Kentucky Gov. Andy Beshear signed an executive order Wednesday freezing vehicle property tax rates.
This is an issue the legislature has been working on and bills are moving through the process. However, Beshear’s executive order immediately stops an increase in vehicle property taxes caused by soaring used car values.
The property valuation for the average motor vehicle in Kentucky rose from $8,006 to $11,162 in just one year.
This change will allow Kentuckians to pay a tax amount similar to last year and noted anyone who has already paid their 2022 taxes will get a refund from their local county clerk’s office.
Beshear said the executive order will help Kentuckians as the state and nation experience extreme inflation hitting a 40-year high and causing struggles for Kentucky families.
At the press conference, he was joined by Democratic state Rep. Angie Hatton, who announced she is introducing legislation to cut the state sales tax by 1% for two years to offset inflation.
The bill would cut the sales tax from 6% to 5% from July 1, 2022 through June 30, 2023.
Hatton noted there are many discussions happening around tax reform in Kentucky and an appetite from legislators to make long-term changes to the tax code. She said “while some of that is definitely needed,” this proposal is focused more on short term relief.
The governor will also propose adjustments to his recommended budget to accommodate the reduction in revenues the state would see if the sales tax was reduced.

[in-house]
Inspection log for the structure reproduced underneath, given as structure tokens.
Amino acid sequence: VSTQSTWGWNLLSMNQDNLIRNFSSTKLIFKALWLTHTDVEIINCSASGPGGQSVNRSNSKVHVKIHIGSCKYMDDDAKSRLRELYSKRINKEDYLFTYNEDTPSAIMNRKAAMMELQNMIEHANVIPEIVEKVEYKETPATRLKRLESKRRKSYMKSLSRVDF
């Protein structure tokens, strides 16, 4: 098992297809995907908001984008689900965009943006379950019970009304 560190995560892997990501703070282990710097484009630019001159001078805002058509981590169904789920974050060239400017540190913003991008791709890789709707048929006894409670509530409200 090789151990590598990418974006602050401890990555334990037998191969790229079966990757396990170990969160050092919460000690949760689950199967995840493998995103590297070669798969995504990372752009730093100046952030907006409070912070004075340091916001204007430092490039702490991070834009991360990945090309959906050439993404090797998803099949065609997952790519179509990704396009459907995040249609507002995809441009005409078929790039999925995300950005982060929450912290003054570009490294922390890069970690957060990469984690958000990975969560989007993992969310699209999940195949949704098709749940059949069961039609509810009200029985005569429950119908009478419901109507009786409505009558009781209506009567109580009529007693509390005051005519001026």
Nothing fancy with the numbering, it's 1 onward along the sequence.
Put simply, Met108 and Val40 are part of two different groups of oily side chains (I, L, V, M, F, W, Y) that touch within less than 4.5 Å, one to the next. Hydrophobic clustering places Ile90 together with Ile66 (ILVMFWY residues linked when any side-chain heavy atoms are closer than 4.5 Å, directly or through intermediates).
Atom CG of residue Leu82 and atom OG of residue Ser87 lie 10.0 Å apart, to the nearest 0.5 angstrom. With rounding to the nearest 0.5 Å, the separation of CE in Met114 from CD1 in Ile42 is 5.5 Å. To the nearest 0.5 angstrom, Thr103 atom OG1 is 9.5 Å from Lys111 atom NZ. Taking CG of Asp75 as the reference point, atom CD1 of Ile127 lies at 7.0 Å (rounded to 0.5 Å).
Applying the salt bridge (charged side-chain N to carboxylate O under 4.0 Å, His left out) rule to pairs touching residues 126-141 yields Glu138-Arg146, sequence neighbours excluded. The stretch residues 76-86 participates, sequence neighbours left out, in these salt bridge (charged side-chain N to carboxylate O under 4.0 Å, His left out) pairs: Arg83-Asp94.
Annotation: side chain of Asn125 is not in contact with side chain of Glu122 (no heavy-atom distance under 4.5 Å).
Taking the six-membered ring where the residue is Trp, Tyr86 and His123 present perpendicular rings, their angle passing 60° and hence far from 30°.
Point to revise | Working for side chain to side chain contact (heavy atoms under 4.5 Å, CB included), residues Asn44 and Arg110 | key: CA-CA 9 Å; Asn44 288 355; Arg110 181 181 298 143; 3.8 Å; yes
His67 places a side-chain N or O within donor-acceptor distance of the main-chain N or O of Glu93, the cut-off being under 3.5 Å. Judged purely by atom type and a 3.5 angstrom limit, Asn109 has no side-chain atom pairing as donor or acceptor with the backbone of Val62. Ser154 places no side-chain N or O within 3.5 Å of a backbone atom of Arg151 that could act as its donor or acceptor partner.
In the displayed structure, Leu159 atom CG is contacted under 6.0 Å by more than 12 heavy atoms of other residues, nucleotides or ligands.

During the press conference, Beshear commented other tax proposals being discussed by the legislature and the Kentucky Chamber are focused on consumption rather than taxing income and he disagrees with that approach.
Kentucky Chamber President and CEO Ashli Watts had the following to say about Beshear’s comments and proposal:
“Kentucky’s business community continues to advocate for a tax code that will help Kentucky grow and compete. We know from Census data that low- and no-income tax states are growing faster than states like Kentucky. By reducing taxes on work, we can keep more money in hard-working Kentuckians’ pockets while also growing our population and our economy and increasing wages. Minor temporary changes to our tax code will not set Kentucky on a path to long-term growth.”
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